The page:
This article was co-authored by Steve J. Bannister, PhD, of Hightower Pharmaceutical Services. He has over thirty years of experience applying the fundamentals of physical and analytical chemistry to development of drug-delivery devices. His projects have included the development of a standardized e-cigarette for use in NIH-sponsored clinical studies.
Electronic nicotine-delivery systems (ENDS or e-cigarettes) are potentially reduced-risk products—relative to conventional combustible cigarettes—that have been making headlines. The entire category has come under intense scrutiny by regulators, policy makers, plaintiffs’ attorneys, activists, and the public. While there are multiple issues that have led to this convergence of attention, some stakeholders may be inappropriately conflating two product categories: nicotine-containing e-liquids and illicit THC-containing liquids (by illicit we are referring to black market/informal sources/off the street versions, and not the legal ones obtained at legal dispensaries). Case in point: Massachusetts recently placed a four-month ban on all vaping products (update: as of October 21, 2019, a judge has given the state 1 week to fix flaws associated with the ban). In this post, we discuss why these two product categories should not be lumped together.
While a full description of the chemistry and delivery characteristics of these devices is beyond the scope of this article (i.e., the phenomena are quite complex!), we provide a high-level summary of the fundamental differences between nicotine-containing e-liquids and illicit THC-containing liquids. Our goal is to provide a better understanding as to why and how nicotine vaping products (ENDS or e-cigarettes) and illicit THC delivery devices are indeed different.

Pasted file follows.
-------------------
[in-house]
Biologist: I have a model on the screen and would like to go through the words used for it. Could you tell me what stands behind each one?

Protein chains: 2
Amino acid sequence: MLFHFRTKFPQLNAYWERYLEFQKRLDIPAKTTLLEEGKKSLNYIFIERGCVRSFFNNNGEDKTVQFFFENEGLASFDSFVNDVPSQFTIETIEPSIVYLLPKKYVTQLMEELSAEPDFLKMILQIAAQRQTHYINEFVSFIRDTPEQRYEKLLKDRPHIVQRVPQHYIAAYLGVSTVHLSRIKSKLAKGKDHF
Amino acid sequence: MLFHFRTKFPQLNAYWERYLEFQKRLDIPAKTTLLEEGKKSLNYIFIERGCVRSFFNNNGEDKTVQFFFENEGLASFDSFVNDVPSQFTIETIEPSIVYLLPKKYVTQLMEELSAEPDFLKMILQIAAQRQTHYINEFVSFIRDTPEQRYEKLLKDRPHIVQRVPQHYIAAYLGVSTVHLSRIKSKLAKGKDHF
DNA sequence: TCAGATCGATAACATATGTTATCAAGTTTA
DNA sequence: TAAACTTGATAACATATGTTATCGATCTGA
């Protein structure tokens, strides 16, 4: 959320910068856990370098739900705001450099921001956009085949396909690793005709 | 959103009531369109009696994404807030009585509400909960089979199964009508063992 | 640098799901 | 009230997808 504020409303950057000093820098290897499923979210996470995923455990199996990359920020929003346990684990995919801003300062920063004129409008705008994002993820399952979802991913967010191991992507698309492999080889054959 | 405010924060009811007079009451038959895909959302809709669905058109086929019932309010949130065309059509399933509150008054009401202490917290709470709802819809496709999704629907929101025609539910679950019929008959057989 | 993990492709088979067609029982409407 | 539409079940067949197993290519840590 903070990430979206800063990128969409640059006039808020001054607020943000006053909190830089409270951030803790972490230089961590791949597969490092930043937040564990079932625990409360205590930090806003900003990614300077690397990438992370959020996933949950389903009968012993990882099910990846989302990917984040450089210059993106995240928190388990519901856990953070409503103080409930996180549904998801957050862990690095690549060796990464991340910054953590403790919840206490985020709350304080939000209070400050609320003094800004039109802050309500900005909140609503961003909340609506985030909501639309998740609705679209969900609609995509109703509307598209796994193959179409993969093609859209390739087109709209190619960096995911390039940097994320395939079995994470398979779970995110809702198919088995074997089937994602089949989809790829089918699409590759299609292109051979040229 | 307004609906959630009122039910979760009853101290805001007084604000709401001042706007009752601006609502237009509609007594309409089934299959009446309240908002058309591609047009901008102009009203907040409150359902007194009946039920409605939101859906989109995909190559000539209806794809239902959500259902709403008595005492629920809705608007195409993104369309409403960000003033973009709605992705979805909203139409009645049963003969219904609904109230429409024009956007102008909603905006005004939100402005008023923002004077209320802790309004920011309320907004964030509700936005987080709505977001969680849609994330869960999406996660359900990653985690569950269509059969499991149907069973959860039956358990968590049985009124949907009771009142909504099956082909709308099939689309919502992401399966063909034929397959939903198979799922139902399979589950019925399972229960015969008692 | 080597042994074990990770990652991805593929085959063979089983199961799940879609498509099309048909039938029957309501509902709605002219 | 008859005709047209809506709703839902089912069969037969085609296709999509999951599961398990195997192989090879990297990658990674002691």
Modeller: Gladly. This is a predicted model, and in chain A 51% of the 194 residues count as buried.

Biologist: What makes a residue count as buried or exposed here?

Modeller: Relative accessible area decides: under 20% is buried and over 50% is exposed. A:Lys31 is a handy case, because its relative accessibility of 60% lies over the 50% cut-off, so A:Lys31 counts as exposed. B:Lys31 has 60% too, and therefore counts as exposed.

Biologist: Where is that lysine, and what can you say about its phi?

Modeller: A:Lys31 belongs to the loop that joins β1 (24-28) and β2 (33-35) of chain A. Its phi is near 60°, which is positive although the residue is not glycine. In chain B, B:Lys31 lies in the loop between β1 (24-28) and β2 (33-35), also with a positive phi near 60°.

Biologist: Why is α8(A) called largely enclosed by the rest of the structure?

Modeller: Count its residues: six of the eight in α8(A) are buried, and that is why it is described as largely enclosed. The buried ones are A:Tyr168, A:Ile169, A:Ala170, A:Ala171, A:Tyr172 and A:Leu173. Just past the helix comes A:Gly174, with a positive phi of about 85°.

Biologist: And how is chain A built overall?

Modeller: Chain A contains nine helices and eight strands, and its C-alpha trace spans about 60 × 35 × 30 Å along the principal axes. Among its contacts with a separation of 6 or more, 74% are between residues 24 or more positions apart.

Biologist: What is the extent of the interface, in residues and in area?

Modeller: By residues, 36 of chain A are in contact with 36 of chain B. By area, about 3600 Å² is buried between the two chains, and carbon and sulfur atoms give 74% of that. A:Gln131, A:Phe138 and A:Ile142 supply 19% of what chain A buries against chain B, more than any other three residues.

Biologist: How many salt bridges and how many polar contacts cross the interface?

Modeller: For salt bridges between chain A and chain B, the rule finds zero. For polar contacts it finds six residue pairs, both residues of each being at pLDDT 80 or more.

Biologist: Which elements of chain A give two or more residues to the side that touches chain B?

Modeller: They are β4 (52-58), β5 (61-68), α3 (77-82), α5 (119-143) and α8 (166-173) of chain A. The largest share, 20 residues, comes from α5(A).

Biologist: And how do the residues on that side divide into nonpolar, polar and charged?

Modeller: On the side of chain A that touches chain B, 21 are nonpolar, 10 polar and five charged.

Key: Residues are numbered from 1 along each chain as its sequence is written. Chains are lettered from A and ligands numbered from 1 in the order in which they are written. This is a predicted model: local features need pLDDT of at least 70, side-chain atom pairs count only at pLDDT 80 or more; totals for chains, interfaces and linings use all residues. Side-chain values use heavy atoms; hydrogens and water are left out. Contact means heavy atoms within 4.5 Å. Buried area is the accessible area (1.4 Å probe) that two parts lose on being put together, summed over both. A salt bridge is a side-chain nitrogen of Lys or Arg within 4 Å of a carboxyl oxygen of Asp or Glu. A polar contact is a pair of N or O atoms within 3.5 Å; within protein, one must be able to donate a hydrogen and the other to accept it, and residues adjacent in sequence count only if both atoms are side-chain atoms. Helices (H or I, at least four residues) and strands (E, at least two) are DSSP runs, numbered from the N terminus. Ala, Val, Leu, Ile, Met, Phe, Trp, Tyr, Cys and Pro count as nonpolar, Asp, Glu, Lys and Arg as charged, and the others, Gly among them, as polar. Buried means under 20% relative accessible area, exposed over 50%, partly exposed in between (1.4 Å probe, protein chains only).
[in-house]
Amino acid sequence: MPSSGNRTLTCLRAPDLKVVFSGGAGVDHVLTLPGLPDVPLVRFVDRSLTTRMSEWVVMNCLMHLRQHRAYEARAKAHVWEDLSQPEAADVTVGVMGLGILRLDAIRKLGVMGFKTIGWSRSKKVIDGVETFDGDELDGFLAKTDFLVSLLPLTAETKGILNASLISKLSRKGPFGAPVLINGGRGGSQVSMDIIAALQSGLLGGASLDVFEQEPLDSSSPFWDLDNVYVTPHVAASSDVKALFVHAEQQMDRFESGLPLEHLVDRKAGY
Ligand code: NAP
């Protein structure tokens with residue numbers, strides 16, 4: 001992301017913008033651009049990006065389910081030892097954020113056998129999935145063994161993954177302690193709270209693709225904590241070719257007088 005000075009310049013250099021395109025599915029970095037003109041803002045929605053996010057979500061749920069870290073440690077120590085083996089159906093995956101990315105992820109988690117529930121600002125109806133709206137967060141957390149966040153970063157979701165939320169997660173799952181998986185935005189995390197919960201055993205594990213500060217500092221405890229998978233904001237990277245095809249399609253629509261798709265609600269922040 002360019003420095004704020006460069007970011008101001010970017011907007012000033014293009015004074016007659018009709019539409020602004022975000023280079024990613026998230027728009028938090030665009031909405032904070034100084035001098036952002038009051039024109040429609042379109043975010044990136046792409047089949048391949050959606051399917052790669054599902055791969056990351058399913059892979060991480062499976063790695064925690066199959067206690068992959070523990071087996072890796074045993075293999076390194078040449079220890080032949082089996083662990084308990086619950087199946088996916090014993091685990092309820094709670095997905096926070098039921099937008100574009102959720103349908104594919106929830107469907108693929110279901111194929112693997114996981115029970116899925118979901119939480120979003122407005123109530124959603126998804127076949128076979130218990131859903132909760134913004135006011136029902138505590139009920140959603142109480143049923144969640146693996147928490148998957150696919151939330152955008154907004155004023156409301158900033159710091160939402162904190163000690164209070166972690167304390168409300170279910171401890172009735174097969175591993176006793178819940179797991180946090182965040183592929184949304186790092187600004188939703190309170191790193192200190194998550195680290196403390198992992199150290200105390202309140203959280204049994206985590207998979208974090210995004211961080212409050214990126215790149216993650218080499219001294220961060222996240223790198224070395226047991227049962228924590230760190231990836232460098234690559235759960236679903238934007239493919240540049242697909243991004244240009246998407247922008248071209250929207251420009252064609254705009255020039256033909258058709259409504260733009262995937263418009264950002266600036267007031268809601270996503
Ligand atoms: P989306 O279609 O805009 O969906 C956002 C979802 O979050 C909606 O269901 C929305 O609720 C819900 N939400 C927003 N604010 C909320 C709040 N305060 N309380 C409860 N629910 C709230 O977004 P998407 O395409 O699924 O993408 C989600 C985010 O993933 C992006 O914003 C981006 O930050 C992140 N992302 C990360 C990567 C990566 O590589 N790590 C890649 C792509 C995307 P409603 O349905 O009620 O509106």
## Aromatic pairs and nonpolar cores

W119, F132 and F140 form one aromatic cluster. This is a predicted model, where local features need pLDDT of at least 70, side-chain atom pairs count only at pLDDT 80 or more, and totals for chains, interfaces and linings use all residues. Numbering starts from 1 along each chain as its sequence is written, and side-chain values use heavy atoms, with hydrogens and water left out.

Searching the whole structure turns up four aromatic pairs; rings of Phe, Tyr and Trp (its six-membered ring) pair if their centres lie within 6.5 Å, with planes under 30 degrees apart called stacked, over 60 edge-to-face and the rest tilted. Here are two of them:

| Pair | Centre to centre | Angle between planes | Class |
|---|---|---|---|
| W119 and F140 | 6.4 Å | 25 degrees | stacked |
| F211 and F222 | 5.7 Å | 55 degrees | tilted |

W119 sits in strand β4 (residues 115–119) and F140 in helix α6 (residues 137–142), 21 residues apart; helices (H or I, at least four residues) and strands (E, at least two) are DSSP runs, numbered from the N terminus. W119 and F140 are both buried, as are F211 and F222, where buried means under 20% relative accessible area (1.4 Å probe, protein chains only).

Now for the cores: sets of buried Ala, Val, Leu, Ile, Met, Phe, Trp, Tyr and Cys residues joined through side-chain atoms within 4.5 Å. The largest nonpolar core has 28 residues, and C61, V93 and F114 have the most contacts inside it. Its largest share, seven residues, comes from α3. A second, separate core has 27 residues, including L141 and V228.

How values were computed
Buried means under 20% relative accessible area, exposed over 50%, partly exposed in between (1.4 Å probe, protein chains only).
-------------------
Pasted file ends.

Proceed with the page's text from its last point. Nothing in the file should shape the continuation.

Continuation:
Nicotine Vaping Products
ENDS are deemed to be tobacco products and are therefore subject to regulation by FDA, though no products in this category are currently the subject of an approved Premarket Tobacco Application (PMTA). In July 2019, a U.S. District Court in Maryland ordered that PMTAs for a variety of deemed tobacco products, including ENDS, must be submitted to FDA no later than May 12, 2020. The products in this category are manufactured and marketed by a growing number of reputable brands including JUUL Labs/Altria, Logic/JTI, NJOY, RJ Reynolds/British American Tobacco, among others. An approvable PMTA will include a complete description of raw materials (and their specifications and quality-control laboratory testing), and of the design and performance specifications of the hardware (i.e., the delivery mechanism).